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Attorney General of Quebec v Luamba et al

The Province of Quebec appealed a trial decision which found that “random” traffic stops violate three essential Charter rights: s. 7 (life, liberty, and security of the person), s. 9 (freedom from arbitrary detention), and s. 15 (equality rights). The trial judge found that racial profiling is an unconscious bias that seeps into the discretion of police officers where they have unfettered discretion and inadequate statutory safeguards, as in the overrepresentation of Black people in “random” traffic stops.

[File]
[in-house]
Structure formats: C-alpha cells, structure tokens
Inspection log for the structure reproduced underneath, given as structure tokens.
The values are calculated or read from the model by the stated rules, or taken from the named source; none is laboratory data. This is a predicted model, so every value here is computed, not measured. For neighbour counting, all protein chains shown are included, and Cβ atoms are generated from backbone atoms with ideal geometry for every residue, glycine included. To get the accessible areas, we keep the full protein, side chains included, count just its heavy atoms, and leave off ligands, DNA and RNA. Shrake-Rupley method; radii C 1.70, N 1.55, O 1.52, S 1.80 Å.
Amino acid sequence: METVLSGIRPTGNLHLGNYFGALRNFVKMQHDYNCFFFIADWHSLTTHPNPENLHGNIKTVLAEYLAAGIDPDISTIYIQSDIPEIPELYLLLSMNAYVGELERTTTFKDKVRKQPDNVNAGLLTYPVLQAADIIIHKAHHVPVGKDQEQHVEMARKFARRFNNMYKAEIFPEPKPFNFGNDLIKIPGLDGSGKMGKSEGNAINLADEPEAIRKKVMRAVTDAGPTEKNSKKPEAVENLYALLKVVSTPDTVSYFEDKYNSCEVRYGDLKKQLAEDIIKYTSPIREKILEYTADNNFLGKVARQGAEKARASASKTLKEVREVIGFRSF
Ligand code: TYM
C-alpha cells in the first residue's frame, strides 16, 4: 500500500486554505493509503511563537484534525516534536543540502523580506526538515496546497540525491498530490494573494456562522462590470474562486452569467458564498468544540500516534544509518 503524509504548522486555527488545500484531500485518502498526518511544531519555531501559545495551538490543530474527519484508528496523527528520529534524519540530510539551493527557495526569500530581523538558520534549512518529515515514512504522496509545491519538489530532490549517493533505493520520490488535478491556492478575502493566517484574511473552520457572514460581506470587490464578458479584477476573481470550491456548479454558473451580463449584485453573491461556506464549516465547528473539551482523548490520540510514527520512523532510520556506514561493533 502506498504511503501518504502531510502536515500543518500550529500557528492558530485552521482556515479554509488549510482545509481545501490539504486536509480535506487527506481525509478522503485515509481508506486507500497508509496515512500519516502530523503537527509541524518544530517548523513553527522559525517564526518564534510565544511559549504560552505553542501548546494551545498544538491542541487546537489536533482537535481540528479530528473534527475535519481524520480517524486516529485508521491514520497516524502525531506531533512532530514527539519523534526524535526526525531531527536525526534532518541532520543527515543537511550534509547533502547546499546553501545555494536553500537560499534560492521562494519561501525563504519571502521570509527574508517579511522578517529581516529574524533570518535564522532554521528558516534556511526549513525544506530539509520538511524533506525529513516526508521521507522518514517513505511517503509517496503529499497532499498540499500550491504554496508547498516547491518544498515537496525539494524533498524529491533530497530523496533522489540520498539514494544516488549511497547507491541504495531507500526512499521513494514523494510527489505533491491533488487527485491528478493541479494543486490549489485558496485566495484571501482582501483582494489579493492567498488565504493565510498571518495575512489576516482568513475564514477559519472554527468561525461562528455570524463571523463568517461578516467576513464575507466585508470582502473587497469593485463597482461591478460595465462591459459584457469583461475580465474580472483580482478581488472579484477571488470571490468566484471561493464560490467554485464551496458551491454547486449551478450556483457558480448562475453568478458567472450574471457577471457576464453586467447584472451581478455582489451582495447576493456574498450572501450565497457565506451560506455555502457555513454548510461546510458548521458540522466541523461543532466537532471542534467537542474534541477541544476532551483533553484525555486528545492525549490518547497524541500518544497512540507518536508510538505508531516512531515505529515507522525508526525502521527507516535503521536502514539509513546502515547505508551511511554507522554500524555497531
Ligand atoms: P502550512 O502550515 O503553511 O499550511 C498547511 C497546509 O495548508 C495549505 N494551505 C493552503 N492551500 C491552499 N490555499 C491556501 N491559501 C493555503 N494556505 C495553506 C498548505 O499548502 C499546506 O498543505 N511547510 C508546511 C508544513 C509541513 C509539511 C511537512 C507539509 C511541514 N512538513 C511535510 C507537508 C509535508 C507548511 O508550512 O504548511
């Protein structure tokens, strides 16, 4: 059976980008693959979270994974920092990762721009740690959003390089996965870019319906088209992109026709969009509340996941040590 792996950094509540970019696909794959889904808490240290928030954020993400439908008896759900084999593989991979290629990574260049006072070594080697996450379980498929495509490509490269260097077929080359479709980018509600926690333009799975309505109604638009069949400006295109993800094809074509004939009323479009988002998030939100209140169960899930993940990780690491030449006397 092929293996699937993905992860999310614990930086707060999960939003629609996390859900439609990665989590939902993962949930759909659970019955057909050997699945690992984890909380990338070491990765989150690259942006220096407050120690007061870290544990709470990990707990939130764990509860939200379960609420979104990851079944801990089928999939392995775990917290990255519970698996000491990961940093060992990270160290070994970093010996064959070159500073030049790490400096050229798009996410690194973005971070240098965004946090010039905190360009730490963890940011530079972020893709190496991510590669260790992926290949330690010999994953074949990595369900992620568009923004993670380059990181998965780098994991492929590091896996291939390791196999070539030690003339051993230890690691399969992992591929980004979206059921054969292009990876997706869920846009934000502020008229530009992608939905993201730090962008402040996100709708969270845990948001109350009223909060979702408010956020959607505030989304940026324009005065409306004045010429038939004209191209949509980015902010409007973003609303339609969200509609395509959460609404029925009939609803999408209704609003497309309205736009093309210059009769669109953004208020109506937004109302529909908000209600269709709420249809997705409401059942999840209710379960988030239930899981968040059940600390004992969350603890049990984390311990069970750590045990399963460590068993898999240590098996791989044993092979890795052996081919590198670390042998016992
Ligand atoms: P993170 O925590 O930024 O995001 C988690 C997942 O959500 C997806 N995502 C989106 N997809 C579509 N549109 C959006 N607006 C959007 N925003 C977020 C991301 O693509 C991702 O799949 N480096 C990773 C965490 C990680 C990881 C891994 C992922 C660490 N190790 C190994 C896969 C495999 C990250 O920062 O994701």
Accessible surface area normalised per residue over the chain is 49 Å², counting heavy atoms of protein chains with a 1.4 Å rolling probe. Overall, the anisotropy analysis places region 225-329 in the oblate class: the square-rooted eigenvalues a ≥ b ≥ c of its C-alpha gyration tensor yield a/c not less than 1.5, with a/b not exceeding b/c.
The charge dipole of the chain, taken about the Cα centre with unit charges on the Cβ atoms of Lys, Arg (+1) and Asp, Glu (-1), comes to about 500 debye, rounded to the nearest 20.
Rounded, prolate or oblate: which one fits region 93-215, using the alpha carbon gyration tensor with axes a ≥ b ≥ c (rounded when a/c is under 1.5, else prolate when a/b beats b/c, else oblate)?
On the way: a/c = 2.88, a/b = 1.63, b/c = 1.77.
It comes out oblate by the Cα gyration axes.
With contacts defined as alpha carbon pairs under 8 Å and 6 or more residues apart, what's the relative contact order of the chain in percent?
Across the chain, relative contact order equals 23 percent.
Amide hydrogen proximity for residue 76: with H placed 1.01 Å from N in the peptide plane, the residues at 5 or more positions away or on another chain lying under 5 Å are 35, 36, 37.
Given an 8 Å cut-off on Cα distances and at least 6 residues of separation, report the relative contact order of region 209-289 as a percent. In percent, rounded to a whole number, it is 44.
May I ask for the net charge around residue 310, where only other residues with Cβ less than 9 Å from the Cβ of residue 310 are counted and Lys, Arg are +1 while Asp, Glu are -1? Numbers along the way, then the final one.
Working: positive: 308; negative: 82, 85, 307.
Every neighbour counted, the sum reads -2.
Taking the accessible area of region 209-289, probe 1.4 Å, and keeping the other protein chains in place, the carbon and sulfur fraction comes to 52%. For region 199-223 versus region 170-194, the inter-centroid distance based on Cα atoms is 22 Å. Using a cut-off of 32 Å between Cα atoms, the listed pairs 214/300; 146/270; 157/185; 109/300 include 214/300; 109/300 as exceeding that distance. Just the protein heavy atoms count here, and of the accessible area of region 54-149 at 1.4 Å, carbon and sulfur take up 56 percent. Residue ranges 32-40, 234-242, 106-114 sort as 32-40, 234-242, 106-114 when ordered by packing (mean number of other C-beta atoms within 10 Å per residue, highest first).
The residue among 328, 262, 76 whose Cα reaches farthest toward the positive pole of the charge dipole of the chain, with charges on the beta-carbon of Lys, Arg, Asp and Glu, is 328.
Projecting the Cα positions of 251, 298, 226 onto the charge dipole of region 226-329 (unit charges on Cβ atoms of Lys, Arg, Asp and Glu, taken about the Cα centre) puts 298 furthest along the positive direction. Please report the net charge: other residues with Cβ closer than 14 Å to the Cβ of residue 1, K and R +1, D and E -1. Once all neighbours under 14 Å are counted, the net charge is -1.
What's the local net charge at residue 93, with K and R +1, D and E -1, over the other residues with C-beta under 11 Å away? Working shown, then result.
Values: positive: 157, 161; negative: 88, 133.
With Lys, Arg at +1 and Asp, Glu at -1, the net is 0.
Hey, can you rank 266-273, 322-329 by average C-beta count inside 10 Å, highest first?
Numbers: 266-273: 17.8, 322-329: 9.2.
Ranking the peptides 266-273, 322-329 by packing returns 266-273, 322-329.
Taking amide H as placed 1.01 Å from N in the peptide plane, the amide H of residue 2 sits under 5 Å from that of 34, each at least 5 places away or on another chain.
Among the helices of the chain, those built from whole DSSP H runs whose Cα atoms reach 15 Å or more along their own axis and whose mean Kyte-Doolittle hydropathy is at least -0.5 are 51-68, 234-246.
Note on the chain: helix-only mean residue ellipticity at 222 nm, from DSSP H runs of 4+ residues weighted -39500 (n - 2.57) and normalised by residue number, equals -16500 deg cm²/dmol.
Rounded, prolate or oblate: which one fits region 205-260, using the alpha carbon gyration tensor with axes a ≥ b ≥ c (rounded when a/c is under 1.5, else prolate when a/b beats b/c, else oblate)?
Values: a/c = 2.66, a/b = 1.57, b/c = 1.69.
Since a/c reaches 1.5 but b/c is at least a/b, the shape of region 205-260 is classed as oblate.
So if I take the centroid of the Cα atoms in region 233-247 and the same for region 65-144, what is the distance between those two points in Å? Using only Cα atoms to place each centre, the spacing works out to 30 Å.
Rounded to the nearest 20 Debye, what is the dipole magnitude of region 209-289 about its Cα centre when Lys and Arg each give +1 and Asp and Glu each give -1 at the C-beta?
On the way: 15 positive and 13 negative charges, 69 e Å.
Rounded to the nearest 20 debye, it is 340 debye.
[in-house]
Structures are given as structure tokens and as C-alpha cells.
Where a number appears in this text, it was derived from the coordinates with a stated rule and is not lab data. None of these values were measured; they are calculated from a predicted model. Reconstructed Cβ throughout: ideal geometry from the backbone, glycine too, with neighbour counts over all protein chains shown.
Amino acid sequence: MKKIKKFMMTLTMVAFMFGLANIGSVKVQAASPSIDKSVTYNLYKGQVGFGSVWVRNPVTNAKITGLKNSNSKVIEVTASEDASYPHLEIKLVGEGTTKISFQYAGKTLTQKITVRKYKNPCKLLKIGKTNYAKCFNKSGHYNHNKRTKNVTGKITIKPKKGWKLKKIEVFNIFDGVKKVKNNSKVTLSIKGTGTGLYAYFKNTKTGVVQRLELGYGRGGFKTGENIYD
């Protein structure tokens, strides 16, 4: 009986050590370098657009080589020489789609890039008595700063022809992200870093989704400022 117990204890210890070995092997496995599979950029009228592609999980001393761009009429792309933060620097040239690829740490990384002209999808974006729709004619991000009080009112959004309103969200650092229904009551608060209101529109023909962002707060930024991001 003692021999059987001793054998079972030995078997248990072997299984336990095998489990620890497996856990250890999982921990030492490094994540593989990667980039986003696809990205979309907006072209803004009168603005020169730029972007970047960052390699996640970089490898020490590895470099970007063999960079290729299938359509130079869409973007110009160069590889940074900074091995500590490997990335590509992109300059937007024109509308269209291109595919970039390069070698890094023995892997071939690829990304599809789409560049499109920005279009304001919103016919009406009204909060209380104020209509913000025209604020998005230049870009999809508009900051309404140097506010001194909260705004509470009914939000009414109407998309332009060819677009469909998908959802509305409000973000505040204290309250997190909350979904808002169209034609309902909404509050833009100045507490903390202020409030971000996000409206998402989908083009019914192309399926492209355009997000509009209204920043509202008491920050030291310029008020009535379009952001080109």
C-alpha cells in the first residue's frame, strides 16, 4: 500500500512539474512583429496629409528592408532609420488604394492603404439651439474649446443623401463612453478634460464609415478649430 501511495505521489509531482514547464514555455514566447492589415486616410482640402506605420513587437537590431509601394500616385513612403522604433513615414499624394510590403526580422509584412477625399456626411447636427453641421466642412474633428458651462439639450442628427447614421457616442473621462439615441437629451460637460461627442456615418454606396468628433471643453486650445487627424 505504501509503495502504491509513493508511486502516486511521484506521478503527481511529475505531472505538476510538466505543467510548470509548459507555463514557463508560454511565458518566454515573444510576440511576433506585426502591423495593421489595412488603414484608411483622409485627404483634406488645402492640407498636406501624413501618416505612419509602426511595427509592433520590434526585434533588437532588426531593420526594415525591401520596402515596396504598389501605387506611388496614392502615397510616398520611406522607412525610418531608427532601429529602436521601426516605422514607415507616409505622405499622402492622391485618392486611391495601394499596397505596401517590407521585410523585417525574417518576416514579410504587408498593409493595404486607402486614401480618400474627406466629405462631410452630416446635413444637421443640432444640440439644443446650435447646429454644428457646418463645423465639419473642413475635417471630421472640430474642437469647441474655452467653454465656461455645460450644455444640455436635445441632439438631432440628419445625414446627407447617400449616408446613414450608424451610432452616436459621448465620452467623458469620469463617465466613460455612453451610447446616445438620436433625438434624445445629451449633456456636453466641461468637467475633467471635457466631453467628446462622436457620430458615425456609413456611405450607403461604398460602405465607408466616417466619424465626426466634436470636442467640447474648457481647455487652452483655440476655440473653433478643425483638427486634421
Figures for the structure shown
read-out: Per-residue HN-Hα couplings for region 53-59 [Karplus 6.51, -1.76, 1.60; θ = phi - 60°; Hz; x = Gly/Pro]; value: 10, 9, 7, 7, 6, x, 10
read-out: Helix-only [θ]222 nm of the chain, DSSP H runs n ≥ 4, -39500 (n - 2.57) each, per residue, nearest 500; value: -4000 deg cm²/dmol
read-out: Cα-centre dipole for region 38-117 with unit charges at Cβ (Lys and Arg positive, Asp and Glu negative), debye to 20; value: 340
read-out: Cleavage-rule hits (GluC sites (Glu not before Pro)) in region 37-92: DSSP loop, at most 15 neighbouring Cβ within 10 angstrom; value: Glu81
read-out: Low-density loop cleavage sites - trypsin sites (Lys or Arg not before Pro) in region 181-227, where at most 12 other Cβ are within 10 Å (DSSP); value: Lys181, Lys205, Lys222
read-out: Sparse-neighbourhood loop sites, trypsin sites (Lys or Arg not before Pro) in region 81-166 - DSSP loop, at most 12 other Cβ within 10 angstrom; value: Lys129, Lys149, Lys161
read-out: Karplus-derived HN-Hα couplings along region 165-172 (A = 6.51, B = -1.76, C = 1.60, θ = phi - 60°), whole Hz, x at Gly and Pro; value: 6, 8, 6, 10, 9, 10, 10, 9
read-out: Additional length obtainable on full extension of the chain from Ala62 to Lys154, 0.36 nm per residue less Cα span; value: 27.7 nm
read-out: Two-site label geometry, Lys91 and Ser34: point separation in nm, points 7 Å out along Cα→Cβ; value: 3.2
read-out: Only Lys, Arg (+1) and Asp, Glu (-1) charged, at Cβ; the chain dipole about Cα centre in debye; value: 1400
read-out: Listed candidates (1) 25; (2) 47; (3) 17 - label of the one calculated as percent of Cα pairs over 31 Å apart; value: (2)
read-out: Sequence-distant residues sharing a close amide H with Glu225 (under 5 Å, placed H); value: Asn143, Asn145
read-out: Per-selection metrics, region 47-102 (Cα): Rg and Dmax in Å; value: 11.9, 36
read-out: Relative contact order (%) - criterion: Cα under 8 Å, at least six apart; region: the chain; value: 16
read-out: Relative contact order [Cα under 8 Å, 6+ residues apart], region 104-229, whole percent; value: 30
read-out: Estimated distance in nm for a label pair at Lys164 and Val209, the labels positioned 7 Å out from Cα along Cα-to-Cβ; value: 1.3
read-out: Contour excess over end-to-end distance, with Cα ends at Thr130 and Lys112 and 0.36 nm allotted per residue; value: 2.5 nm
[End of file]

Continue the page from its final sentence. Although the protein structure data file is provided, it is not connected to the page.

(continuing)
The BCCLA intervened to argue that the trial judge was right to depart from the 1990 Supreme Court of Canada decision authorizing random traffic stops. That case did not address racial profiling, of which the social understanding has significantly since evolved, and s. 7 did not have the legal breadth it does now. Random traffic stops violate the liberty of racialized people to move around and maintain psychological integrity without interception based solely on race. Random traffic stops outside of a roadblock are arbitrary and not in accordance with the principles of fundamental justice because they have no rational connection to improving road safety.

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